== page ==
John Madden, legendary football coach, broadcaster and video game icon, dies aged 85, NFL announces

LOS ANGELES — John Madden, the Hall of Fame coach turned host whose lavish phone calls coupled with simple explanations provided a weekly soundtrack to NFL games for three decades, died Tuesday morning, the league said. He was 85.

The NFL said he died unexpectedly and did not provide details about the cause.

Madden rose to prominence over a decade as the coach of the renegade Oakland Raiders, reaching seven AFC title games and winning the Super Bowl after the 1976 season. He amassed a record of 103–32–7 in the regular season and his 0.759 win rate is the best among NFL coaches with over 100 games.

But it was his job, after prematurely retiring as a coach at the age of 42, that made Madden a real household name. He educated a football nation with his use of the telestrator in broadcasting; entertained millions with his exclamations of “Boom!” and “Doink!” during games; was a ubiquitous pitchman selling restaurants, hardware stores, and beer; became the face of “Madden NFL Football”, one of the most successful sports video games of all time; and was a bestselling author.

Most importantly, he was the premiere television sports analyst for most of his three decades calling games, winning an unprecedented 16 Emmy Awards for Outstanding Sports Analyst/Personality, and covering 11 Super Bowls for four networks from 1979-2009.

“People always ask, are you a coach or a broadcaster or a video game guy?” he said when was elected to the Pro Football Hall of Fame. “I’m a coach, always been a coach.”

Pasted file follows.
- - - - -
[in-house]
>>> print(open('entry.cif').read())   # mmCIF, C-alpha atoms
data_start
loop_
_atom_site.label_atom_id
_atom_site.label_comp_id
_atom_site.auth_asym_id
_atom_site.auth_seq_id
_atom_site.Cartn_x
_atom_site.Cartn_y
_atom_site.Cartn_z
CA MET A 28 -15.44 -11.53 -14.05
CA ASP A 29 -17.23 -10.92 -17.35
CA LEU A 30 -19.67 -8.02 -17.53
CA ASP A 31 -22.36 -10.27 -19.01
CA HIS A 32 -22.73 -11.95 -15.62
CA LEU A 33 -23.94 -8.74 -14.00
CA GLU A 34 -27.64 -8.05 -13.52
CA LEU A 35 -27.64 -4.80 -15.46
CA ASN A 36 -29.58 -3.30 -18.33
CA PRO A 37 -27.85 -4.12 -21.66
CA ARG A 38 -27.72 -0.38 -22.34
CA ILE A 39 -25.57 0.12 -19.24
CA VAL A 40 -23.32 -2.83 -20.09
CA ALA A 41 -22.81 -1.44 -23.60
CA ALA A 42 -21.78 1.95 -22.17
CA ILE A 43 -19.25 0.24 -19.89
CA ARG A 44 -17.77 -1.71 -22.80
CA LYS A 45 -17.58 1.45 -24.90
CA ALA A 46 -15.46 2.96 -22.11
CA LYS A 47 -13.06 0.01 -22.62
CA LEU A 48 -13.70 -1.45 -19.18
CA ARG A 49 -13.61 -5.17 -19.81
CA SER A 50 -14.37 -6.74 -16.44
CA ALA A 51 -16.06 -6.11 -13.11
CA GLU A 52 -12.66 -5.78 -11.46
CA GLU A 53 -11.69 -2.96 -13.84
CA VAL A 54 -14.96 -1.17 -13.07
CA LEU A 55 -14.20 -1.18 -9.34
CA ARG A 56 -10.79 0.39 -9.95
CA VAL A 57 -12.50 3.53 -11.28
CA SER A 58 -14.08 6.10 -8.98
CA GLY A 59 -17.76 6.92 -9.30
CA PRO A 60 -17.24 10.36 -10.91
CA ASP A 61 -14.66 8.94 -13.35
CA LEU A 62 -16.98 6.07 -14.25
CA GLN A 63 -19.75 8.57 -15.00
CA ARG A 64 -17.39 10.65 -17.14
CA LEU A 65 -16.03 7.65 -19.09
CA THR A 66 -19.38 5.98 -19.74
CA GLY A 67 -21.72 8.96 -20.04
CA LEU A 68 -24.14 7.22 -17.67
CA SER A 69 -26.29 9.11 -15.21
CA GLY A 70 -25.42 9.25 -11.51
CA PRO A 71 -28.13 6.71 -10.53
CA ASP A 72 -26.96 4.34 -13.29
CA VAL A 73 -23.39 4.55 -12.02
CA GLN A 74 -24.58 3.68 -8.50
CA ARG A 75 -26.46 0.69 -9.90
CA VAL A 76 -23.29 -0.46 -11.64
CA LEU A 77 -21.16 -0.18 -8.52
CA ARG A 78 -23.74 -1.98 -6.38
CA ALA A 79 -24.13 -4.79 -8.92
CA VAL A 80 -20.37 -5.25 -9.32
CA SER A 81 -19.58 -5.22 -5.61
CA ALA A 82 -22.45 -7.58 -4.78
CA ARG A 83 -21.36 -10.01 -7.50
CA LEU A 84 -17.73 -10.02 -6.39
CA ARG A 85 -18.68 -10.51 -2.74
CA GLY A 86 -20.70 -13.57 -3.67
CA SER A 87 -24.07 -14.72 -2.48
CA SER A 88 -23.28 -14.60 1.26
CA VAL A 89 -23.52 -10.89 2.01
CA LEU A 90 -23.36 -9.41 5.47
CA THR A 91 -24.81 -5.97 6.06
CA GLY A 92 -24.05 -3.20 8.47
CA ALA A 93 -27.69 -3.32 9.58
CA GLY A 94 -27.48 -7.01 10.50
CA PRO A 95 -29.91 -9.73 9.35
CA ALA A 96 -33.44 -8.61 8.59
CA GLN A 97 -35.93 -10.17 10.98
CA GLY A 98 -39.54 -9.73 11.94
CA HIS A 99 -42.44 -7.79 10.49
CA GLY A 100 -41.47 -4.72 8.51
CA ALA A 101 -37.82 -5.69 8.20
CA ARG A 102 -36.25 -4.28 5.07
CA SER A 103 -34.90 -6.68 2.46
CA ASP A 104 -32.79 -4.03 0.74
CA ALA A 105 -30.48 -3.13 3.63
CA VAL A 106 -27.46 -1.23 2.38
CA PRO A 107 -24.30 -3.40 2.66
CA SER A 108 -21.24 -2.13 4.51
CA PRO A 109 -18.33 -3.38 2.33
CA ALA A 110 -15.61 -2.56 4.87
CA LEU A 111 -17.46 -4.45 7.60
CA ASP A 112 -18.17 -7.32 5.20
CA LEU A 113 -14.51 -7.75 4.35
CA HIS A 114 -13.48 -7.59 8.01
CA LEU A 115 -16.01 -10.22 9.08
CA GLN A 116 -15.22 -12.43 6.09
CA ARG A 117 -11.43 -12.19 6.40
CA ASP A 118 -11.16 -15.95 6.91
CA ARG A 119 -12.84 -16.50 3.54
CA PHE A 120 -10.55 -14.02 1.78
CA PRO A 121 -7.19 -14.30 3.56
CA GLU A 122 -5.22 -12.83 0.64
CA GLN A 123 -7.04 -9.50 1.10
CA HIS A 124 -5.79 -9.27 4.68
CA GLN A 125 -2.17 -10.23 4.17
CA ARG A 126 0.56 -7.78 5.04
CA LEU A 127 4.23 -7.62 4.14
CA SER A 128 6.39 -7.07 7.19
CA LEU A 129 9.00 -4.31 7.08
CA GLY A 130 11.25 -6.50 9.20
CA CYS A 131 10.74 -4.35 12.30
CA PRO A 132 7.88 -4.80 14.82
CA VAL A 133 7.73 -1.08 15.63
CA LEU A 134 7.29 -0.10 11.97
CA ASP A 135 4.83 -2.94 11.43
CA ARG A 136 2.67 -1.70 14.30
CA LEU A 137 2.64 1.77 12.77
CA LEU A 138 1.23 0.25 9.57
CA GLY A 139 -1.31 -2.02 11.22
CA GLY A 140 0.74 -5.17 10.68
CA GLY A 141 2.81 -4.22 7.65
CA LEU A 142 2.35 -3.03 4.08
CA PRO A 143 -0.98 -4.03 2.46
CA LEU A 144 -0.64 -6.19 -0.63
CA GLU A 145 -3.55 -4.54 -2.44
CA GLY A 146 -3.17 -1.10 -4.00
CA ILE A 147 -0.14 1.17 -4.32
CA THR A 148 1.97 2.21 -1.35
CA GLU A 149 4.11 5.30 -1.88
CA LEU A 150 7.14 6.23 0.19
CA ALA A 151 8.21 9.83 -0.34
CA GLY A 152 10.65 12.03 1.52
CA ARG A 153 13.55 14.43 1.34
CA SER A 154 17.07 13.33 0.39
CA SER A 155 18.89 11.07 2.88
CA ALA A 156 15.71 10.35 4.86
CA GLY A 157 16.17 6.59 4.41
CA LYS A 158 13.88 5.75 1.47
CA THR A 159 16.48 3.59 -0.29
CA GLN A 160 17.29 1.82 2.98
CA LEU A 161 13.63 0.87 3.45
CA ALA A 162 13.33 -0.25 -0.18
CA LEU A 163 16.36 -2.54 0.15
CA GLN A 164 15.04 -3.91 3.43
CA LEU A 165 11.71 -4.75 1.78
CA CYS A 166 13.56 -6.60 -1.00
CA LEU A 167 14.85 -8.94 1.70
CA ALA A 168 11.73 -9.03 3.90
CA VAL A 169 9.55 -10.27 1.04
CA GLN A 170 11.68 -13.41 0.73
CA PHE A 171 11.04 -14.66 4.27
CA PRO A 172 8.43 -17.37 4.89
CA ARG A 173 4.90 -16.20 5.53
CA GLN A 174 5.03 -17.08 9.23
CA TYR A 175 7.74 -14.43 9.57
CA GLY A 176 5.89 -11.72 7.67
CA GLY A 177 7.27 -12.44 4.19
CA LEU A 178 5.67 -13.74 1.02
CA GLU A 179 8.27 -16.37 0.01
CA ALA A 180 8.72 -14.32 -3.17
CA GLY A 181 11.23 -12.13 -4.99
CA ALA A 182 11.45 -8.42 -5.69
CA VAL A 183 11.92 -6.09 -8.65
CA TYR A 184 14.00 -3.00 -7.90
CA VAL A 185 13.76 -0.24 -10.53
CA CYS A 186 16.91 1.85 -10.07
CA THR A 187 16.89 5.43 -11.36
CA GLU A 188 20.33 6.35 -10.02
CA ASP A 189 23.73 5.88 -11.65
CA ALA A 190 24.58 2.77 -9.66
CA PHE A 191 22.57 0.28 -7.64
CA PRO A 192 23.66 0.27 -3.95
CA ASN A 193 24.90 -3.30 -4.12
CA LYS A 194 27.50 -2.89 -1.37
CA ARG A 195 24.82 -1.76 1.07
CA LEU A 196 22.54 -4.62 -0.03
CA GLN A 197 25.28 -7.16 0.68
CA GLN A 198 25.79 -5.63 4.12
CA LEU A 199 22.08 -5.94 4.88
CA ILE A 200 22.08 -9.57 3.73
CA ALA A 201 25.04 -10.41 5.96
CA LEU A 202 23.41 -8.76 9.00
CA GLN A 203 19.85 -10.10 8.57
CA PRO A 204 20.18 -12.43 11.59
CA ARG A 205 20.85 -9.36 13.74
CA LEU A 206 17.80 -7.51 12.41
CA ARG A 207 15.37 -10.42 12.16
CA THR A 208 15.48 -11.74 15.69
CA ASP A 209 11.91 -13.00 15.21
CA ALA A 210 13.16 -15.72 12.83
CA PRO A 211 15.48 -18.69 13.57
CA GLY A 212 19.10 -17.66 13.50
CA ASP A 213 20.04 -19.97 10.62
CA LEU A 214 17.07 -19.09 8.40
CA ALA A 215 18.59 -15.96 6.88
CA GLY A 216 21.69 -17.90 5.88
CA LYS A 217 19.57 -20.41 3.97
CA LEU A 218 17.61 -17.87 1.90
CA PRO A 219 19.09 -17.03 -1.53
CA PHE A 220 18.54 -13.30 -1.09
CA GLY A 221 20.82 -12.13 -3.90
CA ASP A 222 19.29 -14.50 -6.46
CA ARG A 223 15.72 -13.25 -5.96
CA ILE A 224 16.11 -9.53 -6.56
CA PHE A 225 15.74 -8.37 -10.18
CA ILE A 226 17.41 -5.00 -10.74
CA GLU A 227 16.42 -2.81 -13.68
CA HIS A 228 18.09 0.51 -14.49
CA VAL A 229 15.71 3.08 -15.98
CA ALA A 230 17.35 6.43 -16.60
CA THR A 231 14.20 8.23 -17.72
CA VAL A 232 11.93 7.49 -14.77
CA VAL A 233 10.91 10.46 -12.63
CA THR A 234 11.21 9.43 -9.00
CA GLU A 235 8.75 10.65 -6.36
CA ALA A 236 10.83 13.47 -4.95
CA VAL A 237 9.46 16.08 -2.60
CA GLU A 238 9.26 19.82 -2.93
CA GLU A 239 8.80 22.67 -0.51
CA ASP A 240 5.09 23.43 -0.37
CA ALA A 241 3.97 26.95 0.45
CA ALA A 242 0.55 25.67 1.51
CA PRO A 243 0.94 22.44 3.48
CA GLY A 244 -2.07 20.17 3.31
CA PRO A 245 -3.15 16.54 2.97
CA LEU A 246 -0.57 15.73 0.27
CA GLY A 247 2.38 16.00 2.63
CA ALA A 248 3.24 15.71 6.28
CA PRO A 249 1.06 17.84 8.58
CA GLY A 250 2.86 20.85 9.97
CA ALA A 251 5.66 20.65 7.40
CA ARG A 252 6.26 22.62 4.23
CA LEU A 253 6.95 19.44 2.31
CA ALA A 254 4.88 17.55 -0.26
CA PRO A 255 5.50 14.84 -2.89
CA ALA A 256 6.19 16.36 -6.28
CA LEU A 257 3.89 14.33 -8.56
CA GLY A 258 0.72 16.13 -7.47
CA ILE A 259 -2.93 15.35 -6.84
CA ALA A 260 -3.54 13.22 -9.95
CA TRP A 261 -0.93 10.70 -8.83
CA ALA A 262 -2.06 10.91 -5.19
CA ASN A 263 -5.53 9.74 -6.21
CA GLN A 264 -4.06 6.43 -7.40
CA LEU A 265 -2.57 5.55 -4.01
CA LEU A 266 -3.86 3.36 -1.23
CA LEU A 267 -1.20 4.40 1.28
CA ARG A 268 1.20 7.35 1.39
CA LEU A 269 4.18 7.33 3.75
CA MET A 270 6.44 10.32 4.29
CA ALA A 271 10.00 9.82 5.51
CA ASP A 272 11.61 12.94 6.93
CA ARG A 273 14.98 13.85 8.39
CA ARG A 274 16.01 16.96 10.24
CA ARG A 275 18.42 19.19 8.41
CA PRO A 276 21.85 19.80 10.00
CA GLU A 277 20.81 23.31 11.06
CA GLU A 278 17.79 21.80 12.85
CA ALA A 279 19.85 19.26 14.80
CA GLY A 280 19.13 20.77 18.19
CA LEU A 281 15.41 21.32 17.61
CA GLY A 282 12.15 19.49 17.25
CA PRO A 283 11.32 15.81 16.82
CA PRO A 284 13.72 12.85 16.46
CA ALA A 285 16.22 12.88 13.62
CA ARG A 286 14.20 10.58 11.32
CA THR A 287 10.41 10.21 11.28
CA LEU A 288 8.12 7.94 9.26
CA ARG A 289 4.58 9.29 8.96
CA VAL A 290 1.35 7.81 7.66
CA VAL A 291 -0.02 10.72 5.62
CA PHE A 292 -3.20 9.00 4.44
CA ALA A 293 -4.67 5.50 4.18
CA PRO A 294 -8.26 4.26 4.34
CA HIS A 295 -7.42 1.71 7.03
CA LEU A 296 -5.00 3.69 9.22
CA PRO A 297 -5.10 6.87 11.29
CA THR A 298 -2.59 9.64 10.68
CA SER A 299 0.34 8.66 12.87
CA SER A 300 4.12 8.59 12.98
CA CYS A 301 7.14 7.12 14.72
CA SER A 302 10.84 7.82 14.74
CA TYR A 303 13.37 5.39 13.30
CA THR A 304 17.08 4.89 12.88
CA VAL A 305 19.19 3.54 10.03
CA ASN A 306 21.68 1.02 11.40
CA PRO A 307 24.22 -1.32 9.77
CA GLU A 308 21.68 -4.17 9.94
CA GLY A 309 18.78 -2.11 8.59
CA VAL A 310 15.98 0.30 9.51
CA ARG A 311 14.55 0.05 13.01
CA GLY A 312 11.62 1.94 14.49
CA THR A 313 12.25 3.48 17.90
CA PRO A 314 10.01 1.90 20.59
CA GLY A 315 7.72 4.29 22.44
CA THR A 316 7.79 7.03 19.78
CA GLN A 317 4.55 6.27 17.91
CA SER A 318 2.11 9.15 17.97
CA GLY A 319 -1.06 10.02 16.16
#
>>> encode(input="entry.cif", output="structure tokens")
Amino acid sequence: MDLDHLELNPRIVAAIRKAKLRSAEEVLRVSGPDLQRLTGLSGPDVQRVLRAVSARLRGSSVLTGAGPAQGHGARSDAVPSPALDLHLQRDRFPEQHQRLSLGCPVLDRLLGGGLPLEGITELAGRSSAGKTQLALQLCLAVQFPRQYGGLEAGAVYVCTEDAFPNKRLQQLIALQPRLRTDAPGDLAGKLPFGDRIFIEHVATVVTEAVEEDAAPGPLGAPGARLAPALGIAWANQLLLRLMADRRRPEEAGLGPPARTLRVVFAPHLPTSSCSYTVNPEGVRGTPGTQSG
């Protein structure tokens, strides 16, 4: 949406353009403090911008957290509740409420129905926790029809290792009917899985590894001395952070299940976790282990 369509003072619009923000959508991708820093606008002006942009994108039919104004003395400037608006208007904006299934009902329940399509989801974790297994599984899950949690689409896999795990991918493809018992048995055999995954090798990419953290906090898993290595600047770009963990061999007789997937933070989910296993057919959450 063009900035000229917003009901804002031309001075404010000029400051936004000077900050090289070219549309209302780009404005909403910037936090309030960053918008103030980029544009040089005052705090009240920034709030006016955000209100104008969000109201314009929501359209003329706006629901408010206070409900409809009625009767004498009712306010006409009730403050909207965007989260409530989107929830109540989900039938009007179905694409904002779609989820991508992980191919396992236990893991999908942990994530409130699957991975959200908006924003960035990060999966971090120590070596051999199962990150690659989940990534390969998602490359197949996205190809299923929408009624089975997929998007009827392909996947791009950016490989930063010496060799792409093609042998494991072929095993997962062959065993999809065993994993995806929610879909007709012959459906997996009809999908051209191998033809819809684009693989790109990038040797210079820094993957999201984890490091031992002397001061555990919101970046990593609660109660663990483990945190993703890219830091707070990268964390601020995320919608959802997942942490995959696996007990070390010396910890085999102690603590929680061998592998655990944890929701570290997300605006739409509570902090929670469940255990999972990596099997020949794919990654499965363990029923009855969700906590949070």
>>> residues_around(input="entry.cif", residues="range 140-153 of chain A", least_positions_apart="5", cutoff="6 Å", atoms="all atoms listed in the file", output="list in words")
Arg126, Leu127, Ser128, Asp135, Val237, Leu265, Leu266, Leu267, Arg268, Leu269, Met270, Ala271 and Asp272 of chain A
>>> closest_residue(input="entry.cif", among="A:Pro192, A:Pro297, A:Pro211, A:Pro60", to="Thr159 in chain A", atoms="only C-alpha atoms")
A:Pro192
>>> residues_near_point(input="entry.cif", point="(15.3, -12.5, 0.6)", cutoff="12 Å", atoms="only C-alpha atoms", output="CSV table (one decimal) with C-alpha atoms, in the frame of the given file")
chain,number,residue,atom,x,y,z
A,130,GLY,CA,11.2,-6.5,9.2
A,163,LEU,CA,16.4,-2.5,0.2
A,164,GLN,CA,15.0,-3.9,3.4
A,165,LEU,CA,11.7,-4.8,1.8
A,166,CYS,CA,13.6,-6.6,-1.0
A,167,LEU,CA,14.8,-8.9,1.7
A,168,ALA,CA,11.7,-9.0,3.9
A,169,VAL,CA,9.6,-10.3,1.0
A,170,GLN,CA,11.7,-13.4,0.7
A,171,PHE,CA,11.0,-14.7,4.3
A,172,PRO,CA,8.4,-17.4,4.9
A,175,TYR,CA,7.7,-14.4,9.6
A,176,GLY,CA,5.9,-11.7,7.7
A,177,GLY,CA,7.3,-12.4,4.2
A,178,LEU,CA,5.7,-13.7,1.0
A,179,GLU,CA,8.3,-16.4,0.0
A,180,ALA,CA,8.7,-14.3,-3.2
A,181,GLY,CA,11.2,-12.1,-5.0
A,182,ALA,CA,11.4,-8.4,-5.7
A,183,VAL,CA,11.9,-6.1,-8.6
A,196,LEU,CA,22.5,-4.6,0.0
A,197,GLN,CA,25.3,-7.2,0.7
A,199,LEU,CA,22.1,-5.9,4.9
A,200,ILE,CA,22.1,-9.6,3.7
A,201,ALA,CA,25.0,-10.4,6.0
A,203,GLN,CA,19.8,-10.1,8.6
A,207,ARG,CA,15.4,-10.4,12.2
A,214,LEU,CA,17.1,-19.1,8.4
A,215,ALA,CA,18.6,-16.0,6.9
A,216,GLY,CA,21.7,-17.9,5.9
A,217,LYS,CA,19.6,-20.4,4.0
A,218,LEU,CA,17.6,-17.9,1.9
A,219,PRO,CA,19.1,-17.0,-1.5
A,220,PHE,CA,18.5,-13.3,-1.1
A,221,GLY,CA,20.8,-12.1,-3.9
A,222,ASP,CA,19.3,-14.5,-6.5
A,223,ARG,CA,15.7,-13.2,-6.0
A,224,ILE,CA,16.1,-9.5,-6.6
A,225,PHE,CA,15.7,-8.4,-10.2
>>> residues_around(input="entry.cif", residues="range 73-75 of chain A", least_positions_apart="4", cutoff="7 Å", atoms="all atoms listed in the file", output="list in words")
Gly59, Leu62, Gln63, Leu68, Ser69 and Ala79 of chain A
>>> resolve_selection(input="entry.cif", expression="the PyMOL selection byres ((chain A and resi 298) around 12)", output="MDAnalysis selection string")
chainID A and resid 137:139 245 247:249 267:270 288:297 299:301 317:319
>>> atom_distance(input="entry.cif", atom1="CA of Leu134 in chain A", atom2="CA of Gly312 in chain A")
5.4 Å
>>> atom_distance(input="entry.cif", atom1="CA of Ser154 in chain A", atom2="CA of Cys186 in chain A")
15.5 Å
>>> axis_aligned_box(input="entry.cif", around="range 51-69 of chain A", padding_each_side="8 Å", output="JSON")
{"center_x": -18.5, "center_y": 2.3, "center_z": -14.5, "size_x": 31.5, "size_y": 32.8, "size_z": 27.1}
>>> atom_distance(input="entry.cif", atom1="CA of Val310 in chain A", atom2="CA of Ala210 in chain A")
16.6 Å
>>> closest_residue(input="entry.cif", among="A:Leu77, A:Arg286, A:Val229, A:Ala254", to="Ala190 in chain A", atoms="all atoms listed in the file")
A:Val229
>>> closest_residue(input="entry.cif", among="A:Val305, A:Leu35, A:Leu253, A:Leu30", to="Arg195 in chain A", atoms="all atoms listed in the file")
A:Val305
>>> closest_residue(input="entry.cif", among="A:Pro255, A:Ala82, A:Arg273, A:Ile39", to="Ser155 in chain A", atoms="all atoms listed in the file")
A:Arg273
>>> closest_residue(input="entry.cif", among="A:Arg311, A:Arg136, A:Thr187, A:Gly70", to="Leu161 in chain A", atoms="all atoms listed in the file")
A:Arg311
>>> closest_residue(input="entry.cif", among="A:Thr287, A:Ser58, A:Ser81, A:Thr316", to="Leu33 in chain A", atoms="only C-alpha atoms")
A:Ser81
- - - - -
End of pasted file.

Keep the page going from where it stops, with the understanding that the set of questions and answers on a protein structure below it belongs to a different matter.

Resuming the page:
He began his broadcast career at CBS after leaving coaching largely due to his fear of flying. He and Pat Summerall became the network’s top announcement duo. Madden went on to help give Fox credibility as a major network when he moved there in 1994, and went on to play prime-time games at ABC and NBC before retiring after Pittsburgh’s thrilling 27-23 win over Arizona in the 2009 Super Bowl.

“I don’t know anyone who has had a greater impact on the National Football League than John Madden, and I don’t know anyone who loved the game more,” Dallas Cowboys owner Jerry Jones said in a statement.

Sturdy and a little unkempt, Madden earned a place in the heart of America with a likeable, unpretentious style that was refreshing in a sports world of rising salaries and prima donna stars. He drove from race to race in his own bus because he suffered from claustrophobia and was unable to fly. For a time, Madden handed out a “turducken”—a chicken stuffed into a duck stuffed into a turkey—to the outstanding player in the Thanksgiving game he mentioned.

“No one loved football more than Coach. He was football,” NFL Commissioner Roger Goodell said in a statement. “He was an incredible sounding board for me and so many others. There will never be another John Madden and we will forever be indebted to him for all he has done to make football and the NFL what it is today.”

When he finally retired from the broadcast booth and left NBC’s “Sunday Night Football,” colleagues universally praised Madden’s passion for the sport, his preparation, and his ability to explain an often complicated game in sober terms.

Al Michaels, Madden’s broadcast partner for seven years on ABC and NBC, said working with him “was like winning the lottery.”

“He was so much more than just football – a keen observer of everything around him and a man who could carry on a smart conversation on hundreds and hundreds of subjects. The term ‘Renaissance Man’ is used a little too loosely these days, but John was like that. close as you can get,” Michaels said.

For anyone who has heard Madden “Boom!” heard exclaim. while breaking down a play, his love for the play was apparent.

“For me, TV is really an extension of coaching,” Madden wrote in “Hey, wait a Minute! (I Wrote a Book!).”

“My knowledge of football comes from coaching. And on TV I just try to pass on some of that knowledge to the viewers.”

Madden grew up in Daly City, California. He played on both the offensive and defensive lines for Cal Poly in 1957-58 and received his bachelor’s and master’s degrees from the school.